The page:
[Mageia-dev] PGP keys and package signing

David Sjölin david.sjolin at gmail.com
Tue Feb 1 12:31:49 CET 2011


I know this is probably a stupid question, but if you don't ask you
won't learn so.

What is this signing? I assume we won't encrypt the entire
distribution? Is it some sort of way of saying that a package is
"Approved by Mageia" so the package manager can warn about non
approved packages?



On Tue, Feb 1, 2011 at 11:47 AM, Pascal Terjan <pterjan at gmail.com> wrote:
> On Tue, Feb 1, 2011 at 00:35, Dick Gevers <dvgevers at xs4all.nl> wrote:
>> On Tue, 01 Feb 2011 00:15:36 +0100, Michael Scherer wrote about Re:
>> [Mageia-dev] PGP keys and package signing:
>>>Le lundi 31 janvier 2011 à 21:49 +0000, Dick Gevers a écrit :
>>>> On Mon, 31 Jan 2011 17:18:25 +0100, Michael Scherer wrote about Re:
>>>> [Mageia-dev] PGP keys and package signing:
>>>> >The problem is not leaking the key, it is about cryptographic attacks
>>>> >about older keys.
>>>> >
>>>> >If in 10 years, there is some technology that allows people to get our
>>>> >private key by bruteforce on the public one
>>>> You can never ever obtain the private key from the public one, that is
>>>> impossible. It can only be compromised if someone looses the private key
>>>> plus the password is cracked.
>>>Some secure systems have been seen compromised ( like
>>>http://www.win.tue.nl/hashclash/rogue-ca/, who explain how the whole SSL
>>>business was compromised 2 years ago, or see the GSM being cracked at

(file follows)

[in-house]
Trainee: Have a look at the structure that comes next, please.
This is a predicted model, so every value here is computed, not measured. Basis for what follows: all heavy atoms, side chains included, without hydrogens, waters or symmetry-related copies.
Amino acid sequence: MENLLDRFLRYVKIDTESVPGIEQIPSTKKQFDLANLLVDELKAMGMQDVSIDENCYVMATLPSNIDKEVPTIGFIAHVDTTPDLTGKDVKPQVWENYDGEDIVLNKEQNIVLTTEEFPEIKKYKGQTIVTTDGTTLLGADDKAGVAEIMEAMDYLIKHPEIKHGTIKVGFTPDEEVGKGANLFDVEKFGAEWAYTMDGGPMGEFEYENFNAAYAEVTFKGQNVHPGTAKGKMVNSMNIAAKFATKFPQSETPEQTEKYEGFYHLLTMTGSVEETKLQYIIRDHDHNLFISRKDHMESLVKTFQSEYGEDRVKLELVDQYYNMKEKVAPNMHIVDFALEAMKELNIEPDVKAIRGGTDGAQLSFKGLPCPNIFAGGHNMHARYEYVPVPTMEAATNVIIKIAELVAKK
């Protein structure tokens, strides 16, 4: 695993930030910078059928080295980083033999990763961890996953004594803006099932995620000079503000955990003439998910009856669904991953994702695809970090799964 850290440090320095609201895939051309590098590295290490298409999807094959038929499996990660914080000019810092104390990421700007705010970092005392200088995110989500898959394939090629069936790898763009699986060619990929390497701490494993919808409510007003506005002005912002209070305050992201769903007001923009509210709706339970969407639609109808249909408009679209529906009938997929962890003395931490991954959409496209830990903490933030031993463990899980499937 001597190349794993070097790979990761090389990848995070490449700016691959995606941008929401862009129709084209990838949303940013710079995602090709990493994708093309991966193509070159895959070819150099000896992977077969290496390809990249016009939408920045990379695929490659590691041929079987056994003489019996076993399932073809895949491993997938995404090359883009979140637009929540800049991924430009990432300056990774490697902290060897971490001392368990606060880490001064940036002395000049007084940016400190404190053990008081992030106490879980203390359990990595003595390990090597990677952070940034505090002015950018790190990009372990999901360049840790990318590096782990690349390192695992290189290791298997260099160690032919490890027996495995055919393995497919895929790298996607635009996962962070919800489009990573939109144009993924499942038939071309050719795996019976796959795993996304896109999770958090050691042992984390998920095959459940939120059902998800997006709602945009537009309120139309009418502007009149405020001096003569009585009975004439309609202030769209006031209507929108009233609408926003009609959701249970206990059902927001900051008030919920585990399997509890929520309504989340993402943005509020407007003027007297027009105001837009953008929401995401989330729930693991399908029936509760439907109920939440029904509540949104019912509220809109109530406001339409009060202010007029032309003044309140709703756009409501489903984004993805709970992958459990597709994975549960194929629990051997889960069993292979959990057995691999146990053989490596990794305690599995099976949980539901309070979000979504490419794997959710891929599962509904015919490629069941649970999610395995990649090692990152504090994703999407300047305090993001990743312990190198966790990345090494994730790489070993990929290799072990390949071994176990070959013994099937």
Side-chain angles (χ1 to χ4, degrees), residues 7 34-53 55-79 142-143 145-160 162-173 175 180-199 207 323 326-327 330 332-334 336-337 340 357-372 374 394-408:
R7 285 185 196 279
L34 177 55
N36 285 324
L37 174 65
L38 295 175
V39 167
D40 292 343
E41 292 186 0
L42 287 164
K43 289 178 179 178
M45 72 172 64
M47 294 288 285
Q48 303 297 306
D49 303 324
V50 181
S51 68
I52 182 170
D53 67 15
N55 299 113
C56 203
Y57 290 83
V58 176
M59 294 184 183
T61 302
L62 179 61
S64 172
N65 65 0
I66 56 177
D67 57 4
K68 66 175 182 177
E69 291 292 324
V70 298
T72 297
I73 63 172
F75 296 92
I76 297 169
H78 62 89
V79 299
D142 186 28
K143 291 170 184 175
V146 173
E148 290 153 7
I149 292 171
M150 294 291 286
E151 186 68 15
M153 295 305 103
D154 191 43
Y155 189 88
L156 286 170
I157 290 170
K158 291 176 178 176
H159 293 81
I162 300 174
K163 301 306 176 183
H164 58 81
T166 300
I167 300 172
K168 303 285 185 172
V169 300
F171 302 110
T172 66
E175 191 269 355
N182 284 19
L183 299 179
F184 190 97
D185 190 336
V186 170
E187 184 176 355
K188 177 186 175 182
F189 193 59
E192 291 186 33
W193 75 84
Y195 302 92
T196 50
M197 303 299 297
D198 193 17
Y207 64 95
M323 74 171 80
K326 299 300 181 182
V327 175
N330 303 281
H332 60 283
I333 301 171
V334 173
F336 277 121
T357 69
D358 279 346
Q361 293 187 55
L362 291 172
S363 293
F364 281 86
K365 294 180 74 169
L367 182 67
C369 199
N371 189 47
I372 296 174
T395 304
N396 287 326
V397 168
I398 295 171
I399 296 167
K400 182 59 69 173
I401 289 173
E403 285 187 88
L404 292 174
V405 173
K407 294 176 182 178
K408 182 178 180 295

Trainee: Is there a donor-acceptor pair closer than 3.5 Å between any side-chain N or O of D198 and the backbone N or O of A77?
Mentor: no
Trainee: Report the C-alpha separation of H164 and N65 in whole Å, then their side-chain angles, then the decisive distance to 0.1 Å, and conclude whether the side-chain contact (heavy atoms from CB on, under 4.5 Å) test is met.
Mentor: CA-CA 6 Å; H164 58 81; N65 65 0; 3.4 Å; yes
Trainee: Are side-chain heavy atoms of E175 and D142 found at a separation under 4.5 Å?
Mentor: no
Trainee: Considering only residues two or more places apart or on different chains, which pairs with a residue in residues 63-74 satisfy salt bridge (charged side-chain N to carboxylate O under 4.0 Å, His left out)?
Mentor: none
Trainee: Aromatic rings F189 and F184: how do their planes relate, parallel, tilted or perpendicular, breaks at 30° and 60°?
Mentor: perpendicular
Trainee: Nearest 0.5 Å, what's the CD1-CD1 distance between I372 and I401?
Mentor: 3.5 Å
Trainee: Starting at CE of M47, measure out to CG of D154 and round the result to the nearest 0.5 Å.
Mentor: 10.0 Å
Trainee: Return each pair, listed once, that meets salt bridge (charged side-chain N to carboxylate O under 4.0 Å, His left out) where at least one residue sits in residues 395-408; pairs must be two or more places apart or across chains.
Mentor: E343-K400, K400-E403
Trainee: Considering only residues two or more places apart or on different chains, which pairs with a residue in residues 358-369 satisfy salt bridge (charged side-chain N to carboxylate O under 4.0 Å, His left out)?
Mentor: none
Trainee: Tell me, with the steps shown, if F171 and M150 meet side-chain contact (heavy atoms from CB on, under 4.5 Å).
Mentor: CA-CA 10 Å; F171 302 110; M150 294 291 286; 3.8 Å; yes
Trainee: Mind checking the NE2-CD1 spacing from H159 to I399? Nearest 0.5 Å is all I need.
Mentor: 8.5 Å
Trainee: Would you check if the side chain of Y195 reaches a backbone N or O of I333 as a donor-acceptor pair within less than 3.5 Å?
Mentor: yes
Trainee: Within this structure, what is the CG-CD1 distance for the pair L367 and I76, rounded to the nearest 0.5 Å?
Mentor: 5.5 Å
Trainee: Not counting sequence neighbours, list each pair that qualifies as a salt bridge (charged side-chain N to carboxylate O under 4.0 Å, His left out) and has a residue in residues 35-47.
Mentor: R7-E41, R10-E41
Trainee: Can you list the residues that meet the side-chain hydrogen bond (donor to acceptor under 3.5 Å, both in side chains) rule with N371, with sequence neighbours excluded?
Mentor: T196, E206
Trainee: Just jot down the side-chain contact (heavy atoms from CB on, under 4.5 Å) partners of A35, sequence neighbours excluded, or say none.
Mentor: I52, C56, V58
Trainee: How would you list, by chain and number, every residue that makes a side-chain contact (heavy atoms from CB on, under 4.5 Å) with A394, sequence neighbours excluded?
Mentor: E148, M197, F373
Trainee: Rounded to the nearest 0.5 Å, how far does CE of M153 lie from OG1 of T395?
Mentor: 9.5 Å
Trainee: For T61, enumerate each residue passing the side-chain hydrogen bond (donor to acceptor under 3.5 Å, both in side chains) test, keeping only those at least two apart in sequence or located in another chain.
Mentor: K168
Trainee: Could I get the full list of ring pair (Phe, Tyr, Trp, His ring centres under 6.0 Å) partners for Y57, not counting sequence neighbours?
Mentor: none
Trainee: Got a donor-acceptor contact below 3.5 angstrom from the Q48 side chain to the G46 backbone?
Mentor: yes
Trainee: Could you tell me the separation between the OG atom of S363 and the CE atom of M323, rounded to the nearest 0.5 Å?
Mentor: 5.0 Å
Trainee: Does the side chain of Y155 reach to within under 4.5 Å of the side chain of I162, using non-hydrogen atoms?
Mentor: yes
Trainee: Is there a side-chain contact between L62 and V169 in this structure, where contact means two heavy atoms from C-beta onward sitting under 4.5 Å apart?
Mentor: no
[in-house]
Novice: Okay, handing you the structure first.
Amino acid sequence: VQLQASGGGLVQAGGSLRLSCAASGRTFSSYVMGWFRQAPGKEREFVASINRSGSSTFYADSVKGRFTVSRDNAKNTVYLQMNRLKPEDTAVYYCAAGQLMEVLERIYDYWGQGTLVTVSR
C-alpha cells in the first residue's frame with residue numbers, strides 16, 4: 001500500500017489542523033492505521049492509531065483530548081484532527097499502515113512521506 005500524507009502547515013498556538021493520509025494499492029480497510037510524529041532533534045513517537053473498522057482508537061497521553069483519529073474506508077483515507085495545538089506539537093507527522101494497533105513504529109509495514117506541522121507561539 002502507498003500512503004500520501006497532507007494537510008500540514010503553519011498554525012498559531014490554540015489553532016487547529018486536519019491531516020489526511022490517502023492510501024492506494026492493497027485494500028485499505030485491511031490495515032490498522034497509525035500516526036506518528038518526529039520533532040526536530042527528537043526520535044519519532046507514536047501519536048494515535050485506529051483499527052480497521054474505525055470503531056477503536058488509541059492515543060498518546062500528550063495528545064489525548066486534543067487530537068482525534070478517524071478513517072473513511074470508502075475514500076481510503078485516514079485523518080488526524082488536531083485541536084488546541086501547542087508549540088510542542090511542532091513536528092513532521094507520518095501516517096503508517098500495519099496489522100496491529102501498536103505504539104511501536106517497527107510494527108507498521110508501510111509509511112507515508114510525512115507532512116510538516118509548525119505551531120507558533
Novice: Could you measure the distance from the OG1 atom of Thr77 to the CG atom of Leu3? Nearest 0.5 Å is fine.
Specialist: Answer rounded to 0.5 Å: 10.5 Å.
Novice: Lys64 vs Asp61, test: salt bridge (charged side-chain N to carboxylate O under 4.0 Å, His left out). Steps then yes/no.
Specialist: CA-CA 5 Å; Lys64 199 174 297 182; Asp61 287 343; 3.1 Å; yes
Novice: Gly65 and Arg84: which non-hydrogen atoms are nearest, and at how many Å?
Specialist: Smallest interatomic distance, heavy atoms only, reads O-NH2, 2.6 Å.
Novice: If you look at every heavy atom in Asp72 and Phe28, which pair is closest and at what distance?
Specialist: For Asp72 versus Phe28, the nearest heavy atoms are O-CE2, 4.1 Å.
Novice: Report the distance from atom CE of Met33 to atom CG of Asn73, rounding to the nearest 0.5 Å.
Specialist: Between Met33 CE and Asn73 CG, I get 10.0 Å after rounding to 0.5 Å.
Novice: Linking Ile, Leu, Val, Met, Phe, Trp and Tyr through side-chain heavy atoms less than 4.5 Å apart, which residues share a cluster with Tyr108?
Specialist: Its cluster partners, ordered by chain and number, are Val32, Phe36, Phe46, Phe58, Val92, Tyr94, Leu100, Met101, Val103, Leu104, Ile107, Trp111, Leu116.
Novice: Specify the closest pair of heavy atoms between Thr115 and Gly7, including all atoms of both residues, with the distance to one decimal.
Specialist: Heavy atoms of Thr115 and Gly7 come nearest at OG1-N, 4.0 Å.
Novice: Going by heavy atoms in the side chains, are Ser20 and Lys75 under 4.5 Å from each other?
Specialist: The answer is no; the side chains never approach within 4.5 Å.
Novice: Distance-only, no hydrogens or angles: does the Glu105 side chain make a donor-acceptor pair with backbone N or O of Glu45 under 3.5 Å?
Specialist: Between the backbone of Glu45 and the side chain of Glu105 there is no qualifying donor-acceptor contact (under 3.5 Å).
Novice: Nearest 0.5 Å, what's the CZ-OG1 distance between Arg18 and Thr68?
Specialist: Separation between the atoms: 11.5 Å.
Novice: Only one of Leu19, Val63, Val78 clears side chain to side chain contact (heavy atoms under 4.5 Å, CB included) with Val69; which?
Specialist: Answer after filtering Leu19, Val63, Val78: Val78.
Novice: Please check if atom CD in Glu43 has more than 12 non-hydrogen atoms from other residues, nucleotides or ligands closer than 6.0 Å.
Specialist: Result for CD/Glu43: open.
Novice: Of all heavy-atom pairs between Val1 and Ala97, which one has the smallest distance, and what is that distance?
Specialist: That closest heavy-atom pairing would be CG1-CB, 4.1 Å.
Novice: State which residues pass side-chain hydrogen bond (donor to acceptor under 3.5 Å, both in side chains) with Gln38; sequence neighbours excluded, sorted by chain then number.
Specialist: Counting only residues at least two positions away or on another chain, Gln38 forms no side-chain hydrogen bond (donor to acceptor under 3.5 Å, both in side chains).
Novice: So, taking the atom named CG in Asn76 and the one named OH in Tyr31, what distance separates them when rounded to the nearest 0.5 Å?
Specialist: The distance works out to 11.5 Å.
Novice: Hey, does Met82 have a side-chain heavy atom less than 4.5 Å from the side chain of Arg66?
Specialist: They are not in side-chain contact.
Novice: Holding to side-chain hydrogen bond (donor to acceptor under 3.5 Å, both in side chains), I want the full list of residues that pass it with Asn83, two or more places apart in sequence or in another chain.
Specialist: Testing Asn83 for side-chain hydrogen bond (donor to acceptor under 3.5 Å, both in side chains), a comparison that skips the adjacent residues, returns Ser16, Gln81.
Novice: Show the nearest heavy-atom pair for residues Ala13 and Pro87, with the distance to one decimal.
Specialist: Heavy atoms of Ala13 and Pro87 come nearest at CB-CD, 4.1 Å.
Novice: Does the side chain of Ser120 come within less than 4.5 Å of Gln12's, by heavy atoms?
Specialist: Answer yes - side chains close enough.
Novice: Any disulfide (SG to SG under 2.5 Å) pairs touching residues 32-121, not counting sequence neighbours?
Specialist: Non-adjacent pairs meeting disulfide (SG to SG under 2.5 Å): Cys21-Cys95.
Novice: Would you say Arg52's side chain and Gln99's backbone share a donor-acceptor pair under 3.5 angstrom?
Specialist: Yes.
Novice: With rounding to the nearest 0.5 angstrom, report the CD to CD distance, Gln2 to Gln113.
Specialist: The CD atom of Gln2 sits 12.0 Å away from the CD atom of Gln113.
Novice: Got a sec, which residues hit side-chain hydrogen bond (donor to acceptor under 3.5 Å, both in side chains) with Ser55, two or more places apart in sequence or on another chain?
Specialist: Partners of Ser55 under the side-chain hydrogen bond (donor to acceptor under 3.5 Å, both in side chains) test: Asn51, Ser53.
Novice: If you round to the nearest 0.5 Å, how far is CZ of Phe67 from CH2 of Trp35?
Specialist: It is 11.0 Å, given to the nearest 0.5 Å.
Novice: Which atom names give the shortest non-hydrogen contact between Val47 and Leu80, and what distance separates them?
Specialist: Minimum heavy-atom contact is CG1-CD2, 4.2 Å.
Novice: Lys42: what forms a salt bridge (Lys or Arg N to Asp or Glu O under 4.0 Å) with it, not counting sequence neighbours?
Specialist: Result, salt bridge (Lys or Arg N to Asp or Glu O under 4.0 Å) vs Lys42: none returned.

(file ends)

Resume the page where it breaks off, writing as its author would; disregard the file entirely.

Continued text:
>>>this year 27C3 ).
>>>And Debian also got ride of older vulnerable gpg keys ( see
>>>http://lists.debian.org/debian-devel-announce/2010/04/msg00018.html and
>>>http://lists.debian.org/debian-devel-announce/2010/09/msg00003.html ),
>>>so I would not be so optimistic about the "never".
>>>Technically, MD5 should not have been reversible, but see how easy it is
>>>using a rainbow table. Granted, that's a 20 year protocol, but that's
>>>still widely used in lots of software.
>> Sorry, but I am not convinced: the gpg key we are talking about consists of
>> 2 parts: the private key is separate from the public key, or signing key.
>> The signing key is a separate or subkey and does not contain any part of the
>> private key. So you can throw any amount of computing power at it, but
>> there is nothing inside the public key that will enable the rebuilding of
>> the private key from it.
> Encrypt stuff with the public one, try to decrypt it with the 2^4096
> (or whatever) possible private keys.

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